In 1975, soon after the Khmer Rouge, led by Pol Pot, grabbed power in Cambodia, Khieu Samphan, one of the group’s leaders who was then serving as deputy prime minister, visited China and met with Chinese Premier Zhou Enlai.

Zhou, the leader of a country that came under communist rule before Cambodia, gave Samphan a piece of advice: You should not try to build a perfect communist country in just one step.

In China, the forced collectivization of agriculture in the 1950s and 1960s devastated many farming villages. Based on lessons from the era, Zhou advised Samphan to “move forward one small step at a time,” according to a memoir of Norodom Sihanouk, who was then Cambodia’s head of state.

But Khmer Rouge leaders apparently ignored the Chinese statesman’s advice.

Under a policy of completely denying capitalism, the Pol Pot regime forced a large portion of the urban population to migrate to rural areas and engage in farming to increase agricultural productivity. Eventually, entire populations were forced into slave-like labor as the nation was transformed into a network of barbaric prison-like labor camps.

In the less than four years until the Khmer Rouge government was overthrown, an estimated 1.7 million Cambodians died from overtaxing work, torture or execution.

The other day, I read a news report saying the special tribunal in Cambodia set up to examine atrocities under the rule of the Khmer Rouge had held its final hearing. The court rejected an appeal by Samphan, the fanatical communist movement’s last surviving leader, upholding his conviction and life sentence for genocide.

We need to always be alert to some of the intrinsic elements of what happened in Cambodia under the Pol Pot regime.

The Khmer Rouge killed many people it saw as intellectuals, including doctors and teachers, in an apparent attempt to nip dissenting voices in the bud. Executions on forged charges of espionage were apparently part of a governing approach that blamed hardships on someone else.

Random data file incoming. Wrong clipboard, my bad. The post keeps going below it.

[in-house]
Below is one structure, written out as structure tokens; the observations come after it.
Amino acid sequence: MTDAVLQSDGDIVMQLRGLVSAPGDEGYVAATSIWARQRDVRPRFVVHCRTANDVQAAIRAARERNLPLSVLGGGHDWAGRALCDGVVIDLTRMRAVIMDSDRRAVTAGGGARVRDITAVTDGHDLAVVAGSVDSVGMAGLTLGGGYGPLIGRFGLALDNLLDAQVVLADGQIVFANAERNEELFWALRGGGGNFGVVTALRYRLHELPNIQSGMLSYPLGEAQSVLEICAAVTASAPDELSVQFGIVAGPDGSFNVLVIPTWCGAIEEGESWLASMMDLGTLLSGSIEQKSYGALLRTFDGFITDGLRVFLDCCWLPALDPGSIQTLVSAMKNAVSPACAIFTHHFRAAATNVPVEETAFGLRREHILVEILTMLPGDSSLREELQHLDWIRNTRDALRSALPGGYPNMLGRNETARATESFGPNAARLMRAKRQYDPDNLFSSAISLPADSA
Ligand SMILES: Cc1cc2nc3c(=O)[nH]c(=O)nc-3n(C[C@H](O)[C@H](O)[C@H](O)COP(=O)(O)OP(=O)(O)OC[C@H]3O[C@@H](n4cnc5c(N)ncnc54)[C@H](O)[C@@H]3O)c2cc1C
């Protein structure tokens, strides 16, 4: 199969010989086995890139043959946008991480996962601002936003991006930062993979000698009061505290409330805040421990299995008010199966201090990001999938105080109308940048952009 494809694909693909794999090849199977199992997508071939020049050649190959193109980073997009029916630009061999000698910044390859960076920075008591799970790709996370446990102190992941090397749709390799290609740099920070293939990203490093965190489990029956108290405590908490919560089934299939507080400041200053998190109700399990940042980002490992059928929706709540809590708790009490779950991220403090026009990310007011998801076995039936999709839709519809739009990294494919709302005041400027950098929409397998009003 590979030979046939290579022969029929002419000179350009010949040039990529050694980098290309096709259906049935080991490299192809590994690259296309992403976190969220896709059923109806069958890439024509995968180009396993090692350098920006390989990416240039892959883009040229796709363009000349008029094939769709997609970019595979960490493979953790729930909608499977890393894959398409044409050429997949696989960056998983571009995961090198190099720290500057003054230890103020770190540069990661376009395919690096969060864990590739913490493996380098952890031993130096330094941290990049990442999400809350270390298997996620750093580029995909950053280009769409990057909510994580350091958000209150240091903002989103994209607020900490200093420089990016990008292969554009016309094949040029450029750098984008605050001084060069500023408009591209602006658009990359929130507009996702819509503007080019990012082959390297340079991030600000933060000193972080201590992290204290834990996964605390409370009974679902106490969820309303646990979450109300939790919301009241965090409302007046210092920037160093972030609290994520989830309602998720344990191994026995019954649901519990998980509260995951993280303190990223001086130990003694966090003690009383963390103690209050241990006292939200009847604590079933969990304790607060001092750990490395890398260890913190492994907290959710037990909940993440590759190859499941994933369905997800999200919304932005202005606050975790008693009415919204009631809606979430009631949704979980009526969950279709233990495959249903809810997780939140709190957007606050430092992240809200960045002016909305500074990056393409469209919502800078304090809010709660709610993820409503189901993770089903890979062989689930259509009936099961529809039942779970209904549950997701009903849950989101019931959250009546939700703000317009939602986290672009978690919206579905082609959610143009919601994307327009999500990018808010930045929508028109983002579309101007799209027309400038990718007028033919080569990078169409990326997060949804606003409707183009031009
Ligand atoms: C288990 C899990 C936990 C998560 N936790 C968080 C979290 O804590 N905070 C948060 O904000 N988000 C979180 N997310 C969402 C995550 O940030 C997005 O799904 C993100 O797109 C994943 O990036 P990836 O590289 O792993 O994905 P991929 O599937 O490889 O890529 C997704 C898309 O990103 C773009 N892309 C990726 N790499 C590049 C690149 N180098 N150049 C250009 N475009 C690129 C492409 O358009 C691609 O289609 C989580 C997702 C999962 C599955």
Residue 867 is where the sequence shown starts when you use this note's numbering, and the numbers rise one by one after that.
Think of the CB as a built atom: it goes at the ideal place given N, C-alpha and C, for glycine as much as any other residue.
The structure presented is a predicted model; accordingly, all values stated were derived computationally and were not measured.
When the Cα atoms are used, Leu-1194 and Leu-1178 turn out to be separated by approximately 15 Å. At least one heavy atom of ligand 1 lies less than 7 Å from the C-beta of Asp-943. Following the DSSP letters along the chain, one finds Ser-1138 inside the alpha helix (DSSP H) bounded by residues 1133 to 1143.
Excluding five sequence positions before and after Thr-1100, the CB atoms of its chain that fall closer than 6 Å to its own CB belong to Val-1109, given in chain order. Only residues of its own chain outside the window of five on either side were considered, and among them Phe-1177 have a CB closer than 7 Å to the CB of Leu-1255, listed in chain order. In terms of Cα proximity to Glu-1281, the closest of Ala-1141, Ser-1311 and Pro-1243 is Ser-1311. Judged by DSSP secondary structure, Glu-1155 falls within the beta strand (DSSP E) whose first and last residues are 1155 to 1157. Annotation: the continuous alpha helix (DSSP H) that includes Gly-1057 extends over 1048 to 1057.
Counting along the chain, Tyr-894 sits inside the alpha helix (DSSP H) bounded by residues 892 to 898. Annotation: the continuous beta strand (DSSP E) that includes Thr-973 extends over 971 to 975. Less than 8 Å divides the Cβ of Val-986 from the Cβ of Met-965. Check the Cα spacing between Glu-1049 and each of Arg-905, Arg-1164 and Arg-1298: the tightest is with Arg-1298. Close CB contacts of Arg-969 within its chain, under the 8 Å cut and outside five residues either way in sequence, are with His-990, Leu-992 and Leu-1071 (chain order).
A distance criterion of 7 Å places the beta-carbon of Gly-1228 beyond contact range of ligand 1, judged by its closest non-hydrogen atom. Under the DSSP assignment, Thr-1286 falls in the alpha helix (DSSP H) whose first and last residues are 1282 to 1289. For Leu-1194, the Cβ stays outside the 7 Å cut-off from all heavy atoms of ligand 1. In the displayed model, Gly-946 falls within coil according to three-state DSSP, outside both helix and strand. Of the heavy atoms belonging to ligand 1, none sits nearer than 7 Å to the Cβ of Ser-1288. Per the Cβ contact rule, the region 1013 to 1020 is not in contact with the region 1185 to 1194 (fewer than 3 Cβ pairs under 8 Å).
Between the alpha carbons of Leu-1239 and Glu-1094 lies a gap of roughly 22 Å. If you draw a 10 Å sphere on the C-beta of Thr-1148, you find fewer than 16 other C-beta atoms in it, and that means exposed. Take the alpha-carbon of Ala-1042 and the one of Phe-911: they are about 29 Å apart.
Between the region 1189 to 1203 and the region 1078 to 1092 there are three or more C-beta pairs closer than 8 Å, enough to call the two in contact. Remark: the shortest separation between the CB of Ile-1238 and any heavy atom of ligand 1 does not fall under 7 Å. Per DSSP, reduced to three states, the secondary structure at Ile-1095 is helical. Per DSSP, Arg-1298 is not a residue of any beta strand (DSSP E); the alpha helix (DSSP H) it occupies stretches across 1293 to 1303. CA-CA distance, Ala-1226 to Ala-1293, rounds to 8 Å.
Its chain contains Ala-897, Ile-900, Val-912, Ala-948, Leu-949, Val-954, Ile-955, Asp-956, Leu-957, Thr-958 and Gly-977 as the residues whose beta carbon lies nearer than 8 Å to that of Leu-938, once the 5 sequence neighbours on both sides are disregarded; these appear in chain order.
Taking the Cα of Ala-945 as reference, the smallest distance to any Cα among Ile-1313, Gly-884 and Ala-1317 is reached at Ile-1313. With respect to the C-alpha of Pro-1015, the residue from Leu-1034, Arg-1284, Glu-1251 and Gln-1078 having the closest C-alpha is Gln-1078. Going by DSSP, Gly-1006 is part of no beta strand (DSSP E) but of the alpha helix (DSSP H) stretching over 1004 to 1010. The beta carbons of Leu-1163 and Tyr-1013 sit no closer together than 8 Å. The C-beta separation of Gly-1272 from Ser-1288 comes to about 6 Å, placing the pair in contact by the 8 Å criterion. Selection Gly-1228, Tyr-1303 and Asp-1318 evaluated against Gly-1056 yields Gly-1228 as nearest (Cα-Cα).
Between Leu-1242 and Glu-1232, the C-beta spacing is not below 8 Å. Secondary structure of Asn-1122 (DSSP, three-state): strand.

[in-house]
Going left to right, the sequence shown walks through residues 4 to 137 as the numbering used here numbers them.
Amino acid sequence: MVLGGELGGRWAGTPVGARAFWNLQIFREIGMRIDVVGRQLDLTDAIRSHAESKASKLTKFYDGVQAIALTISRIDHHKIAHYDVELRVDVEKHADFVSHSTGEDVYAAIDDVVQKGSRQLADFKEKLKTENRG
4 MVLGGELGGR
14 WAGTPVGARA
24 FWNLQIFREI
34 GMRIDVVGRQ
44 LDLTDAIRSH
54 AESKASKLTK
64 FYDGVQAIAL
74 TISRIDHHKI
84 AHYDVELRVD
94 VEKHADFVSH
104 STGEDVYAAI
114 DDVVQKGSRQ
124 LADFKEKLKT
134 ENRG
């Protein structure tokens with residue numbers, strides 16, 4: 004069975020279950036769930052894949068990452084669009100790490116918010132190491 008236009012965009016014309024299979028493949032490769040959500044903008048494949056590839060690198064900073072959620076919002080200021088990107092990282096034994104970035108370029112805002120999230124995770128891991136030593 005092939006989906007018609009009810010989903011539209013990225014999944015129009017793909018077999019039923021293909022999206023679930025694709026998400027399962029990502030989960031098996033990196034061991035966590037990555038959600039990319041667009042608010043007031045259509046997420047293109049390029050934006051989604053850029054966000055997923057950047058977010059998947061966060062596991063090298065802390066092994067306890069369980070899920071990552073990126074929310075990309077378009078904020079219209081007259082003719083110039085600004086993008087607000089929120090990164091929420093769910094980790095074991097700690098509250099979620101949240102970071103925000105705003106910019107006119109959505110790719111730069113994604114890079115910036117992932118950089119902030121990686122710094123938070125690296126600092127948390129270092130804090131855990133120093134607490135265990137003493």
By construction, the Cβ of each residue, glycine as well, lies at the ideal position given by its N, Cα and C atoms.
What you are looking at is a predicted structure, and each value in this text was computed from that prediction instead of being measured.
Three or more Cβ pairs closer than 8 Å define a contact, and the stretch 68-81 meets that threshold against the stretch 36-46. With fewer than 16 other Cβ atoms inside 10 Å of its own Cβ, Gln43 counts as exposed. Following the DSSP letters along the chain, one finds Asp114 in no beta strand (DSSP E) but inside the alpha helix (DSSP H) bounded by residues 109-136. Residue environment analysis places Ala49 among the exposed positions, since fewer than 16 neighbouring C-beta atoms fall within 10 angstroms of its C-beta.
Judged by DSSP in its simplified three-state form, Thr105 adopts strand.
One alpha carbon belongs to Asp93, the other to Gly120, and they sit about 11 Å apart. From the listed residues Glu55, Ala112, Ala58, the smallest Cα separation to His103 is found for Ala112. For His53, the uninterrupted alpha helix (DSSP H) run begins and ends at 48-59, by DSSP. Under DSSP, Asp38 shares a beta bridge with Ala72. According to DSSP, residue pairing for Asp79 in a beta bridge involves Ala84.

All these historical facts should be remembered as a disgrace to humanity no matter how many years have passed since that dark era.

--The Asahi Shimbun, Sept. 25.

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Vox Populi, Vox Dei is a popular daily column that takes up a wide range of topics, including culture, arts and social trends and developments. Written by veteran Asahi Shimbun writers, the column provides useful perspectives on and insights into contemporary Japan and its culture.

QOSHE - VOX POPULI: We must never forget horrors of Khmer Rouge’s rule in Cambodia - The Asahi Shimbun
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VOX POPULI: We must never forget horrors of Khmer Rouge’s rule in Cambodia

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26.09.2022

In 1975, soon after the Khmer Rouge, led by Pol Pot, grabbed power in Cambodia, Khieu Samphan, one of the group’s leaders who was then serving as deputy prime minister, visited China and met with Chinese Premier Zhou Enlai.

Zhou, the leader of a country that came under communist rule before Cambodia, gave Samphan a piece of advice: You should not try to build a perfect communist country in just one step.

In China, the forced collectivization of agriculture in the 1950s and 1960s devastated many farming villages. Based on lessons from the era, Zhou advised Samphan to “move forward one small step at a time,”........

© The Asahi Shimbun


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